Maya Goded has been telling the stories of the sex worker community of Mexico City’s La Merced neighborhood for a long time. In 2006 she published a book of photographs on the subject. Later she contributed to Michael Glawogger’s 2011 portrait of international sex work, Whores’ Glory, working as a photographer for the film’s Mexico section. Now she’s created a feature documentary on the subject, which shares a title with her earlier photography book: Plaza de la Soledad, named after the square in front of the Church of La Soledad where many of her subjects meet their clients.
The film is full of powerful moments of intimacy, clear evidence of how long Goded has known these women. Carmen, Lety, Lupe, Raquel, Esther and Ángeles invite her into their homes and their lives, tell her deeply personal stories of love and trauma, and share the intimate details of their trade. Some of them, Lety and Raquel in particular, are getting on in years but still work regularly. If there’s a mission of visibility already accomplished within the first five minutes of Plaza de la Soledad, it is the overturning of the stereotyped image of sex workers, and what society is supposed to find desirable.
Yet in spite of some moments of levity, notably the opening scene of all the women crammed into a van and belting out a favorite song by 1960s-vintage tropical band Sonora Santanera, Plaza de la Soledad is light-hearted in the manner of Meet the Fokkens. Instead, Goded’s strongest theme is that of survival in the face of abuse. She foregrounds personal histories of violence, including moments of sober and simply shot storytelling. These women have been mistreated by family as well as society, some of them since childhood. In one heartbreaking scene, Esther’s mother quickly and easily justifies their neighborhood’s derision of her daughter for a crime of “promiscuity.” We know from Esther that it was really an incidence of abuse of a child.
Goded positions many of the most emotionally devastating moments in the first third of the film, particularly those that emphasize the lack of agency granted to these women. She accompanies a few of them with the frustratingly rote tones of sad piano music, but for the most part she lets these brutal stories sink in with the audience with little cinematic adornment. Then she pushes past them, building a narrative thread around the quiet ways her subjects have built up emotional strength. She showcases their varied relationships, whether with a seemingly kindhearted pimp or a friendly shoeshine man down the street. Men are always a risky source of support, and lead to mixed results for Goded’s subjects. A more inspiring theme is their support for each other. Esther and Ángeles have been romantically involved for 14 years, their relationship a crucial source of strength for them both. Other tools for survival featured here include spirituality, makeshift therapy, and religion.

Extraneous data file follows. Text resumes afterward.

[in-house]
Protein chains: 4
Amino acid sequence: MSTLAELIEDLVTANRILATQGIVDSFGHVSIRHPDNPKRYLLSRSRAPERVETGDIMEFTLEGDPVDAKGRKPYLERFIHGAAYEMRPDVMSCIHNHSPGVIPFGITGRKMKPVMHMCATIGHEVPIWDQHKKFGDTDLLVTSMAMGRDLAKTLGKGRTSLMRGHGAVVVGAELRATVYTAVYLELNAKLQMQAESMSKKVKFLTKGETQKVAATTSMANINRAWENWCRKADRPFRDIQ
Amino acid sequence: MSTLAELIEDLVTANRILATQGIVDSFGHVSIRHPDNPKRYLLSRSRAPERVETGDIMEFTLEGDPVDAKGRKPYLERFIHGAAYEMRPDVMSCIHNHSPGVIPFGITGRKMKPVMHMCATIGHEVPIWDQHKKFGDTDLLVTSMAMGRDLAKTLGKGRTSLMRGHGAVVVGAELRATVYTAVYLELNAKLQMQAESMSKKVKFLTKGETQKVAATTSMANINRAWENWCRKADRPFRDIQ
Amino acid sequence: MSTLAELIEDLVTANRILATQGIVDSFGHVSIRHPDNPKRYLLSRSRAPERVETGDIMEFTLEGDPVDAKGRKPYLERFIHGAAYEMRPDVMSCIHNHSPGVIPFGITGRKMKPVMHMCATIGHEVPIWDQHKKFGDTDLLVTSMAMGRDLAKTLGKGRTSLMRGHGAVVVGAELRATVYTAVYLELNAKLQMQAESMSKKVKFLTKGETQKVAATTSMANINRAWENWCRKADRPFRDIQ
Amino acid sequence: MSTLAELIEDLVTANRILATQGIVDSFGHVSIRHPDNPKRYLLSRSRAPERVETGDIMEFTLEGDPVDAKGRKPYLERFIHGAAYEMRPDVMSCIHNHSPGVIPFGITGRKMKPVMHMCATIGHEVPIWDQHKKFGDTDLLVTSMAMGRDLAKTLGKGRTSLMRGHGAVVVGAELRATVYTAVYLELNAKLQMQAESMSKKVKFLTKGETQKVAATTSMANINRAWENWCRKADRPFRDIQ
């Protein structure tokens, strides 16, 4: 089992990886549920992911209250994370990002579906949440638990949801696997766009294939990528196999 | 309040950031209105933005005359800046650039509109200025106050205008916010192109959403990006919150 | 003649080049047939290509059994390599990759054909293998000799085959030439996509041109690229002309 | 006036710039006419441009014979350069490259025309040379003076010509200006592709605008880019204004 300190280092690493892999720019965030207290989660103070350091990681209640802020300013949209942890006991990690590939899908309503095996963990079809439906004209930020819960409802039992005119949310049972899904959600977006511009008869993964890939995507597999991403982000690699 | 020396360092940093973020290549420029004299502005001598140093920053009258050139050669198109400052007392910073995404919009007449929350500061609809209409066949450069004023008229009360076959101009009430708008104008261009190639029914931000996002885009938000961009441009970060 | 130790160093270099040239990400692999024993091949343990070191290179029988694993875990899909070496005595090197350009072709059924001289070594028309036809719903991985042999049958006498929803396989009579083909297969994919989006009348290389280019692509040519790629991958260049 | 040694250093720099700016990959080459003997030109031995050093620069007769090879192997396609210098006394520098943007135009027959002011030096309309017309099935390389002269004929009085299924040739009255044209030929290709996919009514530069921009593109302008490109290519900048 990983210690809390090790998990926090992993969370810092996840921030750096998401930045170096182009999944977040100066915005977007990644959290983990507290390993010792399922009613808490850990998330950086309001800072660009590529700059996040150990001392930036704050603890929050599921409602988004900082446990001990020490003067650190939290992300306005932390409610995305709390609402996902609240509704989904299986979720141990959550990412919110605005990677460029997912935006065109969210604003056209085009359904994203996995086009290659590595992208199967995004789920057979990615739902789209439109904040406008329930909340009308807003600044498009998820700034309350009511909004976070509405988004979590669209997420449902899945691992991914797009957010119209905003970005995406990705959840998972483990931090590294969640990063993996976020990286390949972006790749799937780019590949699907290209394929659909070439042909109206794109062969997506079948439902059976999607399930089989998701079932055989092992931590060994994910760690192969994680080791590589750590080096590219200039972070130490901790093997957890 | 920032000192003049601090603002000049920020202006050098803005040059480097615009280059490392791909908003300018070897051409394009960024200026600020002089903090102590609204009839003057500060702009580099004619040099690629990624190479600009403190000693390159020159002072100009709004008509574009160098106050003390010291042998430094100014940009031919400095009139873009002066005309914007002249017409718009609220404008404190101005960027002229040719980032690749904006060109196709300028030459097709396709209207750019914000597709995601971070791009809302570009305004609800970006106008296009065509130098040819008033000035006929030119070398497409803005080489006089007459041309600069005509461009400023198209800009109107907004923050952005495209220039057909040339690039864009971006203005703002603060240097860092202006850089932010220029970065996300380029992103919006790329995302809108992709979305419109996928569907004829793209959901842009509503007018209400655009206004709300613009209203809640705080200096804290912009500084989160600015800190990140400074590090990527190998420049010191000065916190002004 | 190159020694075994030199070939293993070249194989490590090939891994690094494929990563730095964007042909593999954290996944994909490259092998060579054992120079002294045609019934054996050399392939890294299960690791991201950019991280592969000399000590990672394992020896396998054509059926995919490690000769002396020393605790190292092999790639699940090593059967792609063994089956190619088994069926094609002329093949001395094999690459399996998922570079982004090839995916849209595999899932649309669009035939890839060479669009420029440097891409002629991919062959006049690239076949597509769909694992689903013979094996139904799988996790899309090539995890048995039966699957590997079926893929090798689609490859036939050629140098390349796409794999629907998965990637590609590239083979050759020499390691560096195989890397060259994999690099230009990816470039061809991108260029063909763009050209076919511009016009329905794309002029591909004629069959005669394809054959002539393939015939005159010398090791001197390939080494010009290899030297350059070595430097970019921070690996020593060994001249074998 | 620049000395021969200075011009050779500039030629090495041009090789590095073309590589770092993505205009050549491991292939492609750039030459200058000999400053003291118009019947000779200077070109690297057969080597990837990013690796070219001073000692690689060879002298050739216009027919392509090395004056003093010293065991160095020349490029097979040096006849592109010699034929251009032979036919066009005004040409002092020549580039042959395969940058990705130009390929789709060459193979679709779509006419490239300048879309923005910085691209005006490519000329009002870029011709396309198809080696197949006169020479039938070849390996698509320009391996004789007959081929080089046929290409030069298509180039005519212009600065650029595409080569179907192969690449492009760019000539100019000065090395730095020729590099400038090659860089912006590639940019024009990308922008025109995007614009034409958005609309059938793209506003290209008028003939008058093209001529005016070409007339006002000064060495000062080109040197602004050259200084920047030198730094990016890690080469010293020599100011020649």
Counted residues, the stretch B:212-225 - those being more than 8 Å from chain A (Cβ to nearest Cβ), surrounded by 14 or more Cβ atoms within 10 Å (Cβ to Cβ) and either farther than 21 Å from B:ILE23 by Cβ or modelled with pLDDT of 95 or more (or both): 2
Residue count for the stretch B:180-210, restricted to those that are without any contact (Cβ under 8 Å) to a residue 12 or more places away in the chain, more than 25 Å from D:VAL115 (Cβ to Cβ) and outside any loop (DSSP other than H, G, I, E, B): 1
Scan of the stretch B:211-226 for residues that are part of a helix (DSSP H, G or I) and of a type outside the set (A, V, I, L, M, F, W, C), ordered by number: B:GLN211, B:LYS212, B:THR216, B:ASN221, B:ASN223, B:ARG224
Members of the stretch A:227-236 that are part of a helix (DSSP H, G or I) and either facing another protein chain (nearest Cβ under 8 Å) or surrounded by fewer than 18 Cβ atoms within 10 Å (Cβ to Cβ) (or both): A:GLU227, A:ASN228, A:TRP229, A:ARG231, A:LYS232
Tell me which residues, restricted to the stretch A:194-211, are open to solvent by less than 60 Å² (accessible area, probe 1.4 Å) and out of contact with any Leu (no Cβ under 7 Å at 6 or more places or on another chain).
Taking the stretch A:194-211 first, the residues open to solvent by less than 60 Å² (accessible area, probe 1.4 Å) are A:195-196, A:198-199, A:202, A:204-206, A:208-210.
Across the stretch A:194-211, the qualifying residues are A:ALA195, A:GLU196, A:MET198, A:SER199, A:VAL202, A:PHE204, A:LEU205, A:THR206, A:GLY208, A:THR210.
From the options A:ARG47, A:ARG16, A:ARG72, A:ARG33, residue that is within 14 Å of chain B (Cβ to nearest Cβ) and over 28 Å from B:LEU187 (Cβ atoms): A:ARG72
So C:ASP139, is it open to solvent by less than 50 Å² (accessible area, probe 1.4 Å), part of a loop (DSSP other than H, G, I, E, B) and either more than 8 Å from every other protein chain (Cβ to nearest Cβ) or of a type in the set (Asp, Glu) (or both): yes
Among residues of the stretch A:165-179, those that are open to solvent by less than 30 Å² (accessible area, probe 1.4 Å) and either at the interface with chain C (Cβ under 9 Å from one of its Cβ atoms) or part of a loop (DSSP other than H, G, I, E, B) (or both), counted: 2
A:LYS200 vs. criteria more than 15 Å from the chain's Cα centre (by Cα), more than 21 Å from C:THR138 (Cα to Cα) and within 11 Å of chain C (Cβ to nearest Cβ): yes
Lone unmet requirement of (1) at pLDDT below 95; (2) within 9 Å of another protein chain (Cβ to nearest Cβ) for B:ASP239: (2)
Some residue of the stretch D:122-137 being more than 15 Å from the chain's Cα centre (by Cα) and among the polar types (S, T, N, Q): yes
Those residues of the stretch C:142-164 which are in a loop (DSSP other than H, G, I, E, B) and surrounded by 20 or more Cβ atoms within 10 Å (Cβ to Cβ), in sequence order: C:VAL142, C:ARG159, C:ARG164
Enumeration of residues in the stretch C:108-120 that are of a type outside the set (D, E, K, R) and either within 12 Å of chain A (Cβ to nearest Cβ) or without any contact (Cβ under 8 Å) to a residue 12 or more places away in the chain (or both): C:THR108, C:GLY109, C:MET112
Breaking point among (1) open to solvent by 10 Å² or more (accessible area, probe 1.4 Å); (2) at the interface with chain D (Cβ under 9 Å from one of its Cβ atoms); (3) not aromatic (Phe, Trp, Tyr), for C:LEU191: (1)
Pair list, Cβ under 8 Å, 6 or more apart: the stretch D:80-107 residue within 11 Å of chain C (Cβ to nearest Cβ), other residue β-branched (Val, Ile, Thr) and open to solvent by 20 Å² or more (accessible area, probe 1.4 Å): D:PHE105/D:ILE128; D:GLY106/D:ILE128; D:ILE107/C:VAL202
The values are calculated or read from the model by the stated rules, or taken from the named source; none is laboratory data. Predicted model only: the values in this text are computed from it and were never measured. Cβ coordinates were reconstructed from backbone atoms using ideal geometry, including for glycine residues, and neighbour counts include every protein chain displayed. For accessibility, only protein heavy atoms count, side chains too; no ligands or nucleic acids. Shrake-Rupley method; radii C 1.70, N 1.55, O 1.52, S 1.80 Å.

This discourse is the emotional core of Plaza de la Soledad, all the way up to a final aquatic metaphor for getting by on one’s own. The most memorable shots are those of the women simply telling their stories, the truth beaming forth from their faces. Unfortunately, the film as a whole is not so precise. Scenes with two men, Carlos the pimp and Fermín the shoeshiner, sometimes sit awkwardly in context. There also isn’t a really clear visual sense of place, even in the many returns to the titular plaza. Goded clearly has an excellent sense of character and storytelling, but Plaza de la Soledad is a bit too structurally and thematically loose to pack the punch that she strives for with its final minutes. As often happens with nonfiction portraits of community, its strongest ideas get a bit lost amid its many voices.